Opinion pieces on the foodservice equipment and supplies industry from leaders and laymen from all aspects of the business, including dealers, distributors, design consultants and multi-unit operators.
The topic of sustainability is fairly ubiquitous in today's foodservice industry. And when we discuss sustainability in foodservice circles the conversation tends to focus on local sourcing of produce, energy efficient equipment and, if we're lucky, water and waste reduction. While these are all excellent and important parts of the discussion, it seems to me that we often fail to discuss an equally important aspect of sustainability: our business model.
Earlier this year, many of the professionals in our industry attended The NAFEM Show, an exciting event featuring countless new products, focused educational opportunities and lots of networking. Indeed, many of us were out glad-handing and renewing old relationships.
When the business climate gets tight, it is very easy and common for most people to start to panic. The knee jerk reaction is always, "Well, we have to do something!" And it is during those times that business leaders and, subsequently, their rank and file employees, lose sight of what's really important and start compromising long-term success for short-lived stability.
During a recent conversation with one of the funnier and more irreverent members of the manufacturing community, I was asked where one might go to visit the Foodservice Equipment & Supplies' Dealer Hall of Fame? Canton, Ohio? St Louis? Chicago?
Earlier this spring, the restaurant community braced itself to deal with a sharp increase in food prices that came about due to rising oil costs and other factors. Undoubtedly, we all have to be aware of rising food costs, but increased energy costs is just as important an issue facing foodservice facilities today. It's a topic that facility professionals regularly discuss and often try to tackle. Unfortunately, our efforts tend to get stalled by the notion that reducing energy is pretty complex, costly or both.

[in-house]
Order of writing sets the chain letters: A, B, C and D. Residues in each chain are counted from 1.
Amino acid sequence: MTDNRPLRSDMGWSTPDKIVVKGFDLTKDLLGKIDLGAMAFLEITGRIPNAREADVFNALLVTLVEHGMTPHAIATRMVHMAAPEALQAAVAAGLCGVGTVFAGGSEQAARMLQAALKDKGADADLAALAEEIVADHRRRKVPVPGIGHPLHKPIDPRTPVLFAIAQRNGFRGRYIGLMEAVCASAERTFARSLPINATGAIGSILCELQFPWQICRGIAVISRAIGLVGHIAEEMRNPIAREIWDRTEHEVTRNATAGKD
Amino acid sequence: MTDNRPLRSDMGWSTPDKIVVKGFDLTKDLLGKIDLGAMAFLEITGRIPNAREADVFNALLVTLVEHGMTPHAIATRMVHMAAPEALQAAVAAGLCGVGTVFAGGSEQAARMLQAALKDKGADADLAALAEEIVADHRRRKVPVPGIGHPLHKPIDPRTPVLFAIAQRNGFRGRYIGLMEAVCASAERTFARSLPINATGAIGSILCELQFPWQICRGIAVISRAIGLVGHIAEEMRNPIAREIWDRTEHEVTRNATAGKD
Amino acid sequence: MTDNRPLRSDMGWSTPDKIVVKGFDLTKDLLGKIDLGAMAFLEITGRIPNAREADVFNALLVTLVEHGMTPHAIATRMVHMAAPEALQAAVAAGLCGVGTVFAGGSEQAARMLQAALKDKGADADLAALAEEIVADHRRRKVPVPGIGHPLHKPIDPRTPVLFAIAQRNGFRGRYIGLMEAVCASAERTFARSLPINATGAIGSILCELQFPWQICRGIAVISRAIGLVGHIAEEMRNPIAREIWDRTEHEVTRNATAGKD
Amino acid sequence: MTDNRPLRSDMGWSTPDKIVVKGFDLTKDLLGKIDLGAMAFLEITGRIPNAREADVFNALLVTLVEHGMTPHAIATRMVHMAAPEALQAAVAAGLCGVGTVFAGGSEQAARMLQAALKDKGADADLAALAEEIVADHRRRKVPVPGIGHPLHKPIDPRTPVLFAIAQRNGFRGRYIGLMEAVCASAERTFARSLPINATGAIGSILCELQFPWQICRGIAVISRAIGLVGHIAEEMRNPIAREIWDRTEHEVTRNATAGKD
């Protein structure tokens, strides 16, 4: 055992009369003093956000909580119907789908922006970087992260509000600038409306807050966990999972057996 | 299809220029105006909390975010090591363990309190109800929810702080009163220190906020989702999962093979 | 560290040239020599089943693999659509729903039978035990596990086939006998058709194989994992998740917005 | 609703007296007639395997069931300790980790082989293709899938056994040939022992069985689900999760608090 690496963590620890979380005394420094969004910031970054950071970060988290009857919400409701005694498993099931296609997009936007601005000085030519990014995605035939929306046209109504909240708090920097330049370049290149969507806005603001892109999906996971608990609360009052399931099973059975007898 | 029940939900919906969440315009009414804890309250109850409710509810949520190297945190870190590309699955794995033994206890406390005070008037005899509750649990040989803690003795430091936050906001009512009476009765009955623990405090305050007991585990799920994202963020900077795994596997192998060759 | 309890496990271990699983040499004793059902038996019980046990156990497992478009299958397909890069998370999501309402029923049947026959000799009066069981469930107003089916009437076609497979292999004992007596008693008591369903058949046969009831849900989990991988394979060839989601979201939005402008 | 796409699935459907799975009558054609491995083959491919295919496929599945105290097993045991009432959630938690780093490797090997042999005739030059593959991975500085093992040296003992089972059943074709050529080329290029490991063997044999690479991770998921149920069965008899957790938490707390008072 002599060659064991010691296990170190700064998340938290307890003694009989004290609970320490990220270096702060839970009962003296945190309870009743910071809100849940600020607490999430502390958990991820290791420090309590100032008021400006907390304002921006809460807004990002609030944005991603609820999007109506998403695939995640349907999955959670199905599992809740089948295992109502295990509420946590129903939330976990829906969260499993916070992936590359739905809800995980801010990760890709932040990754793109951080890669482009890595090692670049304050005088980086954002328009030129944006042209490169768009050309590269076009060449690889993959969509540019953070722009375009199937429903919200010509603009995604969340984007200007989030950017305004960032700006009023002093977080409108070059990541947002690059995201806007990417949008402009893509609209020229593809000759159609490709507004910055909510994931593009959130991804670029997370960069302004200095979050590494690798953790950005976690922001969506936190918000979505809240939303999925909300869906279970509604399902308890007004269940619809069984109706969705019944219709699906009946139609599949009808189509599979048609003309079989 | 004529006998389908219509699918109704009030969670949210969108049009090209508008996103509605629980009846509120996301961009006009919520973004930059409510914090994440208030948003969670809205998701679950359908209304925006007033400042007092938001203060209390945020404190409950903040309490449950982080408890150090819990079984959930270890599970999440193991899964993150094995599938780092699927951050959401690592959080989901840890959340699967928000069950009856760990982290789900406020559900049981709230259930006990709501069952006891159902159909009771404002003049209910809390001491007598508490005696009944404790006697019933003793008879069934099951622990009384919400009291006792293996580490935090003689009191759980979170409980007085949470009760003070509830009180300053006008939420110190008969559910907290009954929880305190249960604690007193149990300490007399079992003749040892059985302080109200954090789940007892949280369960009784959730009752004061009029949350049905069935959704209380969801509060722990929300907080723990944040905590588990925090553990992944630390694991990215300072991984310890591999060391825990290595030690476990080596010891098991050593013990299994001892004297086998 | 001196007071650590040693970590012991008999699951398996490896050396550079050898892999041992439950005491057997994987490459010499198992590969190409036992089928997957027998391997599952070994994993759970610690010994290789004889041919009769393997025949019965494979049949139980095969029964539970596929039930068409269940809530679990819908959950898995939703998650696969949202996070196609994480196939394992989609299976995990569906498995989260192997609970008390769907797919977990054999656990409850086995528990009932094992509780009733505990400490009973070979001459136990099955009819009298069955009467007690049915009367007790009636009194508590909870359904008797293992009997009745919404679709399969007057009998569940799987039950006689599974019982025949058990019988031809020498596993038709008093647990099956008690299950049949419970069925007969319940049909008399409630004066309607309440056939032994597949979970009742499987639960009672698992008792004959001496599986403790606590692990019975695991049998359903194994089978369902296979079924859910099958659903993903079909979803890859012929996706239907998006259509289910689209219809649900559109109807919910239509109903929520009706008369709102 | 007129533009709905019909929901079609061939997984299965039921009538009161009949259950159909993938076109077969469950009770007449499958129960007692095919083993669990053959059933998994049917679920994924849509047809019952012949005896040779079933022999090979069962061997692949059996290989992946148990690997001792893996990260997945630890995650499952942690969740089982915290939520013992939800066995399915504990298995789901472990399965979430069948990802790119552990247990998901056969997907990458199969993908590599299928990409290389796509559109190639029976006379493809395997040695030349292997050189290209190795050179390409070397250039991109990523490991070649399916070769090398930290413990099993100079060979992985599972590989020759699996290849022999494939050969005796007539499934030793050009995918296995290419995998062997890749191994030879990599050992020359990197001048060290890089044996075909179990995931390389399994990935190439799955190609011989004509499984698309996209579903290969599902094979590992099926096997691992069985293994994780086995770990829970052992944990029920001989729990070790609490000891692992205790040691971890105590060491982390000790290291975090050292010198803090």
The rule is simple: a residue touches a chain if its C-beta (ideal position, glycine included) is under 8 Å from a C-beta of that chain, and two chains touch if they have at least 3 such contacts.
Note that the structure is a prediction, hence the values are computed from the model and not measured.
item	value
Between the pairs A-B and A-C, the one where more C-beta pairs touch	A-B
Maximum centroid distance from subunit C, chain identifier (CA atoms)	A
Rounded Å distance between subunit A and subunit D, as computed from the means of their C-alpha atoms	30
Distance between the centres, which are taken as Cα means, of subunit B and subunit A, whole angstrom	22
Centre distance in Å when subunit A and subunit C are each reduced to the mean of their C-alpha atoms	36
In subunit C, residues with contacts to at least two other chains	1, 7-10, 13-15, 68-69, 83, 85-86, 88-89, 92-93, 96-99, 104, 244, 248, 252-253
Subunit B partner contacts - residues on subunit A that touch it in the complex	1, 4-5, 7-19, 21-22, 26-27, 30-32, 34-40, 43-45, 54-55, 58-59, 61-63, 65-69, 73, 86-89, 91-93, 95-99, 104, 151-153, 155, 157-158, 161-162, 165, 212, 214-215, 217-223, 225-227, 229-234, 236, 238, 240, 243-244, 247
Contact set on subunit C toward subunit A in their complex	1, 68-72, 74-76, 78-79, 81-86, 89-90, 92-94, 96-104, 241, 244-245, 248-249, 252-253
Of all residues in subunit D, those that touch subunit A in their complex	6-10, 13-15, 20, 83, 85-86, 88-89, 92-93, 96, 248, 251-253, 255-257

Springtime in Chicago means many things for those us who love Chi-town. For those of us who live here, and for anyone in a northern clime who has endured yet another brutal winter, the traditional themes of renewal are impossible to escape. The flowers blooming along Michigan Avenue aren't simply flowers; they are colorful, petaled testimonials to our perseverance and survival skills.
During this year's Foodservice Equipment Distributors Association (FEDA) convention I had the honor and privilege to pass the gavel to the next FEDA president. As this time approached, it was only natural for me to reflect on my two years as president of the association.
The foodservice industry is all about the relationships. If you have heard it once, chances are you have heard it 100 times. But if relationships really are the foundation of the foodservice industry, then we had better call a structural engineer because an abundance of cracks are starting to show.